I never had meatloaf growing up – I am guessing that my mother had a bad meatloaf experience as a child of the 1950’s with a mom who didn’t cook very well. I remember friends having meatloaf sandwiches for lunch but never felt that I was missing much. Not long after we were married I came across this recipe and decided to give it a try and am so glad I did. Think of it as a rather large really yummy meatball. The meat is very moist and the chunky spicy tomato sauce goes perfectly with it.

I had always served it with mashed potatoes – one of the few Italian recipes that Ed would let me get away with pairing with potatoes. This time I served it to our friends, Carolyn and Jonathan R, along side fresh ricotta gnocchi (both cheese and potato would work) which we all agreed was a wining combination. I got gnocchi from Vera Pasta, a local fresh pasta company, who has a stand at the Malvern Farmers Market. I recommend calling ahead to make sure they have it.

Everyone seems to have a favorite meatloaf – I’m glad I was able to find mine. I’d love to hear about your favorite meatloaf recipe or experience.

Italian Meatloaf with Spicy Tomato Sauce













Italian Meatloaf with Spicy Tomato Sauce
5.0 from 1 reviews
Recipe type: Main Dish
Serves: 6
  • 4 slices Italian bread without crust, broken into rough pieces and soaked in 1 cup milk (skim is fine)
  • 2 pounds ground beef (80%/20%)
  • ¼ pound sliced prosciutto, finely chopped
  • 2 large eggs, lightly beaten
  • ¼ cup loosely packed chopped fresh parsley
  • 1 cup freshly grated parmigiano-reggiano cheese
  • 1 cup fine plain or Italian-seasoned bread crumbs (to coat the meatloaf)
  • 3 tablespoons olive oil
Tomato Sauce
  • 2 tablespoons olive oil
  • 2 cloves garlic, minced
  • 4-14.5 ounce cans of diced tomatoes
  • ½ teaspoon dried red pepper flakes
  • 2 tablespoons chopped fresh parsley (mixed into sauce)
  • 2 tablespoons chopped fresh parsley (for garnish)
For Meatloaf
  1. Preheat oven to 375°F.
  2. Drain the bread and squeeze it with your hands into a soft pulp.
  3. In a large bowl combine the bread, beef, prosciutto, eggs, parsley and parmigiano-reggiano, and season with salt and just a bit of black pepper.
  4. Mix well with your hands or with a large spoon until the ingredients are thoroughly combined.
  5. Shape the mixture into a large, rectangular loaf.
  6. Spread breadcrumbs on a large piece of aluminum foil and roll the meatloaf in the bread crumbs to coat all sides.
  7. Coat a large baking dish with olive oil.
  8. Place meatloaf in dish and brush some oil on top.
  9. Bake until golden brown, 50 to 60 minutes.
For Tomato Sauce
  1. While the meatloaf is in the oven, heat oil in a medium-sized saucepan over medium heat.
  2. Add garlic and stir until it begins to color, less than 1 minute.
  3. Add the tomatoes and season with salt and red pepper. Cook 10-12 minutes, stirring a few times. Add parsley and stir.
  4. After meatloaf has cooked for 50 to 60 minutes, carefully tilt the baking dish and discard about three-quarters of the fat and watery juices that have accumulated. Depending on the fat content of the meat, you may not have much juice – if that’s the case, don’t pour any of the juices off.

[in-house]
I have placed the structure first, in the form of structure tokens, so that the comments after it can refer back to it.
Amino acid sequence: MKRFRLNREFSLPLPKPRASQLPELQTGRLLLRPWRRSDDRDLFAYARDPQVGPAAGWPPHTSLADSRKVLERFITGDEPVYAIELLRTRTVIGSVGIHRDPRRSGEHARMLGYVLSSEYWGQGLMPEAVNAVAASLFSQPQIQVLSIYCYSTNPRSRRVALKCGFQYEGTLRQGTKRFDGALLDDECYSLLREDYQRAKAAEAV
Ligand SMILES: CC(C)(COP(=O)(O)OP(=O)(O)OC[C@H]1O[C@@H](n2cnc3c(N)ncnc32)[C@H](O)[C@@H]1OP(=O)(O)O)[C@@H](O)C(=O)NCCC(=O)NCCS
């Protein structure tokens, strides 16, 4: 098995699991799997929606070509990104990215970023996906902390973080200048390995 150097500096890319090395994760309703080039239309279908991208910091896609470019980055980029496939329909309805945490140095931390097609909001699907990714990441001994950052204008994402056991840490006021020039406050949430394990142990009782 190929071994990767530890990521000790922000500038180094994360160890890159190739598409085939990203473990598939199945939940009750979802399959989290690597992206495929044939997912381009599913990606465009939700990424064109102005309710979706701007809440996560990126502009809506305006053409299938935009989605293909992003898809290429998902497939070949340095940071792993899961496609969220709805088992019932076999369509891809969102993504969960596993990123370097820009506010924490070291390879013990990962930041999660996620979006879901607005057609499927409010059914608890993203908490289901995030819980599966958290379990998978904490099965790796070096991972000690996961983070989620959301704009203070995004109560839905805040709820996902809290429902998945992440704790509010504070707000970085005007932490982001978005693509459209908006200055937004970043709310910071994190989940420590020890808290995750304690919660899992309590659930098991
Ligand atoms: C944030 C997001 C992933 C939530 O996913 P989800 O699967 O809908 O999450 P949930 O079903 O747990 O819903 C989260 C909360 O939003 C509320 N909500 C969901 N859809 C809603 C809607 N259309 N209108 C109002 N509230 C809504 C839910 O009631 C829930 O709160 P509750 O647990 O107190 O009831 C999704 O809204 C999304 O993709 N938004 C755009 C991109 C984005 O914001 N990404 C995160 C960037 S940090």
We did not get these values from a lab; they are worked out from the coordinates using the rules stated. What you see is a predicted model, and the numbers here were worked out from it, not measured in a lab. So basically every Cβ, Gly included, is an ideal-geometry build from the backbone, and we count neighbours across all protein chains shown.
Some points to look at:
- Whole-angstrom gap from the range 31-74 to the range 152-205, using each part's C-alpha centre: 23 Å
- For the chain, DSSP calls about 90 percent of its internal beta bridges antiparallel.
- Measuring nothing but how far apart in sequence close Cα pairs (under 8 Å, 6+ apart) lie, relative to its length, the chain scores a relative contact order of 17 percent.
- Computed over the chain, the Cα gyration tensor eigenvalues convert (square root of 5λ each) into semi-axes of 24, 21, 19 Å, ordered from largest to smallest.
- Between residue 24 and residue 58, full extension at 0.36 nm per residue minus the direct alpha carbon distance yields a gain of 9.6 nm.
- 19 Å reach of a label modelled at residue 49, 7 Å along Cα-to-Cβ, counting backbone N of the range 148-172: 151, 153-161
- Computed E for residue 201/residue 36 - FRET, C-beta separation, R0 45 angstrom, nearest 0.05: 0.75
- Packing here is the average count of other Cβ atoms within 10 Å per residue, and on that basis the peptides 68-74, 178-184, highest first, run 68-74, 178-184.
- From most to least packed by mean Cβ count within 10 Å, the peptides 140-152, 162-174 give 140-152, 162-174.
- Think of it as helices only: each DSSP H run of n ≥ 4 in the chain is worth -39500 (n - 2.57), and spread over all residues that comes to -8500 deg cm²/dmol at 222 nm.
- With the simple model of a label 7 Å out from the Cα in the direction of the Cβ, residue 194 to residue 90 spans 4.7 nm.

5. Pour the tomato sauce over the meatloaf and bakes 20 minutes longer. It's okay if it's still a little pink inside.
  6. Cool the meatloaf 5 minutes before slicing.
  7. Serve topped with a few tablespoons of tomato sauce and sprinkled with fresh parsley.
* Both the meatloaf (steps prior to cooking) and sauce can be made up to a day ahead of time. There’s no need to warm up the tomato sauce since it’s going in the oven.
* Serving suggestion: Both gnocchi and mashed potatoes soak up the tomato sauce quite nicely.




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2013-11-19T17:27:33+00:00 November 4th, 2013|Categories: Main Dishes|Tags: , , , , |5 Comments


  1. Dad November 5, 2013 at 7:53 am - Reply

    Nicole, your great aunt Gladys made another use of meatloaf. Thinking her family should eat liver every so often which they refused to eat she ground it up in the matloaf and they never knew the difference.

    • Nicole November 5, 2013 at 8:06 am - Reply

      Dad – What a great family food story! I assure you there is no liver in this meatloaf. Thanks for sharing!

  2. David November 10, 2013 at 10:10 am - Reply

    I am always in search of a good meatloaf recipe – and this looks terrific. Perfect for the fall! And I love the idea of it with gnocchi… ~ David

    • Nicole November 12, 2013 at 10:58 pm - Reply

      Daivd – I am going to go out on a limb and say you will like this! Do let me know if you make it!

  3. LuAnn November 26, 2013 at 8:50 am - Reply

    I made this for girlfriend’s dinner last week. It was wonderful!!! I can also attest to it’s ability to hold it’s taste and texture through 2 re-heats. The meatloaf loses NOTHING and makes a wonderful “encore presentation” as Mom used to say.

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